It’s true that returns of small value stocks are rather persistent, but you still need to be patient.
It’s been well documented that small value stocks have provided some of the highest returns to investor portfolios over time. The following table provides annualized returns for various equity classes over the 87-year period from January 1927 to December 2013. The data is based on the Fama-French data series and excludes utilities.
The dramatic outperformance of small value stocks relative to other asset classes has led many investors to consider including more exposure to them than the market’s overall exposure—about 2 percent. In addition to the large above-market return, the persistent outperformance of small value stocks has also been very high. Consider the following:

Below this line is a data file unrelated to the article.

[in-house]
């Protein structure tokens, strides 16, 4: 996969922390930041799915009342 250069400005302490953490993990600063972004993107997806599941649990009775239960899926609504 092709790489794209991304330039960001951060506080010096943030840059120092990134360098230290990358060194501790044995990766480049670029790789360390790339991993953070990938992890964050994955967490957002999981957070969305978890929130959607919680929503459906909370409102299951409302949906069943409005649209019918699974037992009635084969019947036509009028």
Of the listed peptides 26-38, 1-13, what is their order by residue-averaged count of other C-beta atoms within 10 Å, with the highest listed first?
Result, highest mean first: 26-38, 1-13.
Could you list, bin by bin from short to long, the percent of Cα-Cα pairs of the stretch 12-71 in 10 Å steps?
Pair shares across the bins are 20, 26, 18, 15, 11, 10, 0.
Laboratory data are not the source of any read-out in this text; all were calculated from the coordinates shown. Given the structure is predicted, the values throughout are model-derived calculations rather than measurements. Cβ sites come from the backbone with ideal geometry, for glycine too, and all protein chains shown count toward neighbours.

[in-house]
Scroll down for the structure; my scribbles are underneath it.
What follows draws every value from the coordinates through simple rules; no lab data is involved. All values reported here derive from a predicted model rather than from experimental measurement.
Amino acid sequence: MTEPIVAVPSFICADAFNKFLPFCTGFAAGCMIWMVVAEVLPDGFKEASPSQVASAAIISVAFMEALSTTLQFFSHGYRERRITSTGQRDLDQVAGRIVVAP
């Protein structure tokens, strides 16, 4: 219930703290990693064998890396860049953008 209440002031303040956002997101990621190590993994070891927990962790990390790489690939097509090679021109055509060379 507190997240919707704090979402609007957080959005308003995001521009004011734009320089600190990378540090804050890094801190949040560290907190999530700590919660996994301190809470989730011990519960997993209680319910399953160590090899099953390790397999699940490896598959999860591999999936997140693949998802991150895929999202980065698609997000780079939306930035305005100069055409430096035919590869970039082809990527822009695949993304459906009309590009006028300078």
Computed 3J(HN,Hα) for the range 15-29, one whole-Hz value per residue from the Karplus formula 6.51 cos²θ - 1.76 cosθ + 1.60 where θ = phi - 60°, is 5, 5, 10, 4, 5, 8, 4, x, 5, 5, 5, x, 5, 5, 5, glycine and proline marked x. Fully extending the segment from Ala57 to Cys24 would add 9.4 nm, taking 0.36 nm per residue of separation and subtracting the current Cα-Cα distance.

- The data set can be broken down into 16 consecutive five-year periods from 1927 through 2006.
- Small value stocks outperformed large growth stocks in 12, or 75 percent, of those periods.
- Small value stocks outperformed the S&P 500 index in 11, or 68.8 percent, of those periods.
- Small value stocks outperformed small growth stocks in 11, or 68.8 percent, of those periods.
However, even these high rates of persistence demonstrate that it’s still possible you could wait out a 10-year investment horizon and have a significant chance that small value stocks will underperform other asset classes.
My almost 20 years of experience as an advisor has taught me that even the most disciplined investors can have their patience tested by as little as only a few years of underperformance, let alone 10-year periods of underperformance. And small-value stocks underperformed the S&P 500 in almost one out of every four 10-year periods.